Ontario Liberal party leadership candidates Sandra Pupatello (left) and Kathleen Wynne attend a forum in Toronto on Dec. 6, 2012. (Frank Gunn / THE CANADIAN PRESS)
I am very glad to see that many provincial parties are electing female leaders.
It is a proud thing for this young feminist to see our country welcome and accept women as party leaders, and as provincial leaders. Further, it is satisfying that these women are leading different parties, with differing values. That those who chose to do so, can (and will) point to this moment in time as an explicit example that politically driven women are politically different just as they are personally different; that women are not politically driven by a single issue.
However, let us not forget that this hardly marks the end of sexism in Canada or elsewhere. Women are still valued less, economically, than men in almost every industry. Women are more likely the primary caregiver for children and the elderly but are not compensated for this work. “Women’s issues” are still deemed as such, and not person’s issues. I am indeed very proud to see strong women in power, and I very much hope these women inspire others to lead us towards a more equitable future.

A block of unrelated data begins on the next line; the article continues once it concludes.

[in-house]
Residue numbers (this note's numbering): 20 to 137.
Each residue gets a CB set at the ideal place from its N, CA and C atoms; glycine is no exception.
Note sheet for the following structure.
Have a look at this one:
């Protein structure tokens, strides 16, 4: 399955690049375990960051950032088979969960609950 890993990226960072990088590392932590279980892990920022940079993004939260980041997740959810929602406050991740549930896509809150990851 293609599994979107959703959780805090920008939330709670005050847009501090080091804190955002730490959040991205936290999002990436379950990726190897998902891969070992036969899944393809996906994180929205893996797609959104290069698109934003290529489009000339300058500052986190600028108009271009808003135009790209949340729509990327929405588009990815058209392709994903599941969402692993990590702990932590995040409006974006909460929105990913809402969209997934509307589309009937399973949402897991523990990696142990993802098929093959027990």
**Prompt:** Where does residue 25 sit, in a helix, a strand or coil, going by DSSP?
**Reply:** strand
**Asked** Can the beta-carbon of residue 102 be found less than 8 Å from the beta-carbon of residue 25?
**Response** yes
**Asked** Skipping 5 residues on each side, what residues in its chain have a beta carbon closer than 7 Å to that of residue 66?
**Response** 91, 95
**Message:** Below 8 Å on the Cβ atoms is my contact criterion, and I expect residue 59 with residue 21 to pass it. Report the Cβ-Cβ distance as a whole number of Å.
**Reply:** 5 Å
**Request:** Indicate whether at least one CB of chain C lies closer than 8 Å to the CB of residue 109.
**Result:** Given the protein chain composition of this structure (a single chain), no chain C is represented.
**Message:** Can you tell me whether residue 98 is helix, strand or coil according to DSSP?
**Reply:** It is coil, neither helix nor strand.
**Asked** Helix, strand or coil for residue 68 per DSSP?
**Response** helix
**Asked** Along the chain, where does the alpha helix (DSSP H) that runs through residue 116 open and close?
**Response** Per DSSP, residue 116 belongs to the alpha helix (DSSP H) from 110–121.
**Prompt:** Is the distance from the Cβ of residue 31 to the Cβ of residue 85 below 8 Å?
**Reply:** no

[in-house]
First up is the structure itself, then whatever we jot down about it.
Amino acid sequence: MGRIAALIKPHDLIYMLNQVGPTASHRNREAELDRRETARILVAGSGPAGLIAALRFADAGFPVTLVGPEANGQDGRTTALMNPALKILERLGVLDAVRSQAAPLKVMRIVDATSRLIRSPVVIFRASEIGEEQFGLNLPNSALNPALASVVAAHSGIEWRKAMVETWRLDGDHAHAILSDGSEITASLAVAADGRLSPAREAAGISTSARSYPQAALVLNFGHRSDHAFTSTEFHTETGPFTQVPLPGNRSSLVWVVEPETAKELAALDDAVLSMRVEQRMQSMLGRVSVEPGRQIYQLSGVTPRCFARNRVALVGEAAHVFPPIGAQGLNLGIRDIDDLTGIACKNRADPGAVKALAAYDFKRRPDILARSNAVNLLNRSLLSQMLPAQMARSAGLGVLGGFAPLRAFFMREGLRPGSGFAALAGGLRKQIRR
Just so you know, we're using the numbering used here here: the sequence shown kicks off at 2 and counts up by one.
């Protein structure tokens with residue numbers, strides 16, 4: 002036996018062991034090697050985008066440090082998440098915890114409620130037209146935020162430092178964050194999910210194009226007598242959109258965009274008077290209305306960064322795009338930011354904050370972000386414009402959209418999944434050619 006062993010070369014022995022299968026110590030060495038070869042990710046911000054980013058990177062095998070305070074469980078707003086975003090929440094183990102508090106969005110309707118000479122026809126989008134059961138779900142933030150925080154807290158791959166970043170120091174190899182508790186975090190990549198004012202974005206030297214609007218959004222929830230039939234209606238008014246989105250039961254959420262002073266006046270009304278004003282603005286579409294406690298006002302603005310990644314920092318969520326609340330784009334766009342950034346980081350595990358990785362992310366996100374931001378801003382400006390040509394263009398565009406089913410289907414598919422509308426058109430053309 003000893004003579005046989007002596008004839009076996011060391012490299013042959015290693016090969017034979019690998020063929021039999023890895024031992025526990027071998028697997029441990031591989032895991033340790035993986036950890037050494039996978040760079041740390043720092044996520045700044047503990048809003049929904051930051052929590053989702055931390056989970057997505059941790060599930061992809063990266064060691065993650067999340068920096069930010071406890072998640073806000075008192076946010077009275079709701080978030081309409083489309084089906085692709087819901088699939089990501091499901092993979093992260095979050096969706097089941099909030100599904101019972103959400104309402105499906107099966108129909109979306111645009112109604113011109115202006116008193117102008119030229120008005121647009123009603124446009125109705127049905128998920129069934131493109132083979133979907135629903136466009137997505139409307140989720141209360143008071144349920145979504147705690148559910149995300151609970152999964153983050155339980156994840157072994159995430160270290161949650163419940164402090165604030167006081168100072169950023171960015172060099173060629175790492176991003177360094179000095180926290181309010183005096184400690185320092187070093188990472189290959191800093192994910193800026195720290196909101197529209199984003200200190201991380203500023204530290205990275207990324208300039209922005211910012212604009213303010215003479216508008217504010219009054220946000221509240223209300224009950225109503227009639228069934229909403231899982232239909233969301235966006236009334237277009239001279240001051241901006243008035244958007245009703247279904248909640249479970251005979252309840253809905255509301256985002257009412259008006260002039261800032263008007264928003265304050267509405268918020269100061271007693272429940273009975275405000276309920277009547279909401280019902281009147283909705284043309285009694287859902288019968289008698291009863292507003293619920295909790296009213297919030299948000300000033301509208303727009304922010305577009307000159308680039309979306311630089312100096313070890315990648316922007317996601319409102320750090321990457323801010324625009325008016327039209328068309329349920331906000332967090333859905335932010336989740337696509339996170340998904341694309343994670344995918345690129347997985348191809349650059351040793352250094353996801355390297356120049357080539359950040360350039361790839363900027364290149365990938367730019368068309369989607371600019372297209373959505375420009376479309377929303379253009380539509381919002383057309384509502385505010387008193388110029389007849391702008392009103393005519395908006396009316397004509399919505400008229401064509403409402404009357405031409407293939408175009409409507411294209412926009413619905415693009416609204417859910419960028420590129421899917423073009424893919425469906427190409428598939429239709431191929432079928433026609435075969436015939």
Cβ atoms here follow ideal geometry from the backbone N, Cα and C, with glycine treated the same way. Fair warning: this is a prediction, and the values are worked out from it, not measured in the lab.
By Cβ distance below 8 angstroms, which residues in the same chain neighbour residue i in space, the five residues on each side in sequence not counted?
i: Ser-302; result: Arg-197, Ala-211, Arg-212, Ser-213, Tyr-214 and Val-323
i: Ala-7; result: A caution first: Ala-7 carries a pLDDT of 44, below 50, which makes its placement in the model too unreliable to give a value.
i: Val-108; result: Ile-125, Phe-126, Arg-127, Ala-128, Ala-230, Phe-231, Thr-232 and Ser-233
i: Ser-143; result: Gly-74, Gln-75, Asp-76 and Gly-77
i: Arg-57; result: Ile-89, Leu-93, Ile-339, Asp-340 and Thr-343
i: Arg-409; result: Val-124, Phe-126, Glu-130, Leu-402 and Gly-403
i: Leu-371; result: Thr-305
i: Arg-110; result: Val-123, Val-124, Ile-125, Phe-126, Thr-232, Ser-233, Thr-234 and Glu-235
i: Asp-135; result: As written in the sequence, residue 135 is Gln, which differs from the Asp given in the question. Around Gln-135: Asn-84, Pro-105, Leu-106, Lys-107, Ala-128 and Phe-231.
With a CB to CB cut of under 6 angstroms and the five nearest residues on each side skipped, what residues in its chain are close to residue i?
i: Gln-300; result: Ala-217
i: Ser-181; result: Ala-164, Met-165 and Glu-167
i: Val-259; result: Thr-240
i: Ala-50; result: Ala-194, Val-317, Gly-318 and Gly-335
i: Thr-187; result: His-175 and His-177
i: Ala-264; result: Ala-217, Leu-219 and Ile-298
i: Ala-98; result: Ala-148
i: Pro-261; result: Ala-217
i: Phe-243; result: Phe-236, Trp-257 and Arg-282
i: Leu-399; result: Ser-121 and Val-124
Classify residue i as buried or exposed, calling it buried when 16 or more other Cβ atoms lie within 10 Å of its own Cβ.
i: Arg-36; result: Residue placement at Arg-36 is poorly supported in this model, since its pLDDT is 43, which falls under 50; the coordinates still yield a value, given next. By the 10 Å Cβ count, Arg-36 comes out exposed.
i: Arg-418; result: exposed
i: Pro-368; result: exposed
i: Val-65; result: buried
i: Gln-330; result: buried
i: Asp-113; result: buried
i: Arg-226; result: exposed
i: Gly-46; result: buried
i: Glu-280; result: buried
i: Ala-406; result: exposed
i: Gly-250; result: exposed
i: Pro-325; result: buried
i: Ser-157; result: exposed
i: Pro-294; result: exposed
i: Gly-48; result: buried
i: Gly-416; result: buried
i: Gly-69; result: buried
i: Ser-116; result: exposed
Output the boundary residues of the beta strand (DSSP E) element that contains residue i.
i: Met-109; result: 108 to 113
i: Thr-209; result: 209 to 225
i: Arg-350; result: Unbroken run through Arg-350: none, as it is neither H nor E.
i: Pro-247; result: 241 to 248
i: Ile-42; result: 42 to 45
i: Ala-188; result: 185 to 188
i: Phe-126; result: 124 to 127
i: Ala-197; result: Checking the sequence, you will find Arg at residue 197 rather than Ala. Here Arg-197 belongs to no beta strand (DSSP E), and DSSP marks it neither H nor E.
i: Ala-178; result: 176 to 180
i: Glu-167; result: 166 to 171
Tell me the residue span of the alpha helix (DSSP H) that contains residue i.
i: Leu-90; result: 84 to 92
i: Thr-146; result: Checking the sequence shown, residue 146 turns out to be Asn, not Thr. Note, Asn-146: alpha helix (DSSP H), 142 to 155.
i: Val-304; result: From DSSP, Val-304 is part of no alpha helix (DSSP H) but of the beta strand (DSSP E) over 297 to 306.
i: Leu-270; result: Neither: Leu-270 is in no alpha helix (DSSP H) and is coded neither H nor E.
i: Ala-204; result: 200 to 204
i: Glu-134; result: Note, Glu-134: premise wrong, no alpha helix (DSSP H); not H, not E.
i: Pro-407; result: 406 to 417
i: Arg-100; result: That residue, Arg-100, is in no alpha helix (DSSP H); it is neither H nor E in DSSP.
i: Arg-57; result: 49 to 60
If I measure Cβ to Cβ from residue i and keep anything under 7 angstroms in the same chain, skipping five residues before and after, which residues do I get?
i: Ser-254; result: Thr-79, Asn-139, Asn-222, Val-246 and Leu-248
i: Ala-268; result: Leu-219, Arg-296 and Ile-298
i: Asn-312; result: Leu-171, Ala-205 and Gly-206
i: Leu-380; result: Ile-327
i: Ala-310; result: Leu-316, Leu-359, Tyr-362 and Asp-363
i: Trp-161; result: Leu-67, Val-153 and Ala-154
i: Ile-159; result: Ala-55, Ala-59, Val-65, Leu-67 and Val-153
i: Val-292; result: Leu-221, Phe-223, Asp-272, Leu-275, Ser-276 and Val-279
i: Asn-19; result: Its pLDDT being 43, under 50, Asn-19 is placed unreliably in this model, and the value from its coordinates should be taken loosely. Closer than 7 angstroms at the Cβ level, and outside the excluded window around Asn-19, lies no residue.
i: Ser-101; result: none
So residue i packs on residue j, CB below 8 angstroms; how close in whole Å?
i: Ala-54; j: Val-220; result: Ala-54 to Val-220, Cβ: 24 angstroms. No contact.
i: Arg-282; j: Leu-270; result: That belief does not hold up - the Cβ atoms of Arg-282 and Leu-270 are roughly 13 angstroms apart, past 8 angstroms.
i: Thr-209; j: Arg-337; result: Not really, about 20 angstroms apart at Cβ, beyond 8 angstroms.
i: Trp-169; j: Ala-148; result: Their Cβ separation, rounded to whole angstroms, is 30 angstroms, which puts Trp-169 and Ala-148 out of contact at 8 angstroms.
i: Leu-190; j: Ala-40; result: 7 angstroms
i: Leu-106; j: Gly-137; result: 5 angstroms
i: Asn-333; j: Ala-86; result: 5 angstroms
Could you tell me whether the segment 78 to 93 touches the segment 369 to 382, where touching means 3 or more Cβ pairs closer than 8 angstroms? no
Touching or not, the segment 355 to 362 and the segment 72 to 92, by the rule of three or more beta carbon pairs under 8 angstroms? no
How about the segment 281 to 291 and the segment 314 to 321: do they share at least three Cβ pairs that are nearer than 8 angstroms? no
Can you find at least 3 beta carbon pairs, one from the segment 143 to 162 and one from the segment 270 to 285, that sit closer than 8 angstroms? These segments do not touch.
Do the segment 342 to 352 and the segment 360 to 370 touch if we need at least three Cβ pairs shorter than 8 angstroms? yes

Saying it even better than I:
“Symbolically it’s important for a time — what could be a very short time — that we have gender parity among the premiers,” said Jane Arscott, co-author of the upcoming book, “Stalled: The Representation of Women in Canadian Governments.”
“It would be more significant if the position could be consolidated with an electoral win.”
Women are still under-represented in the country’s legislatures, ranging from 10.5 per cent in the Northwest Territories to 30 per cent in Ontario — with Quebec having the highest representation at nearly 33 per cent.
The wave of female premiers is “marvellous,” but Canada saw this trend in the early 1990s before it dropped off, said Arscott.
Regardless of the outcome, women activists say the surge of female premiers in recent years is an “extremely auspicious moment” — the result of decades of work by other trailblazers.
“That doesn’t mean it’s the end of the story — absolutely not,” said Nancy Peckford, executive director of Equal Voice, an organization promoting the election of more women.
(Via CTV on the Ontario Liberal Leadership Convention)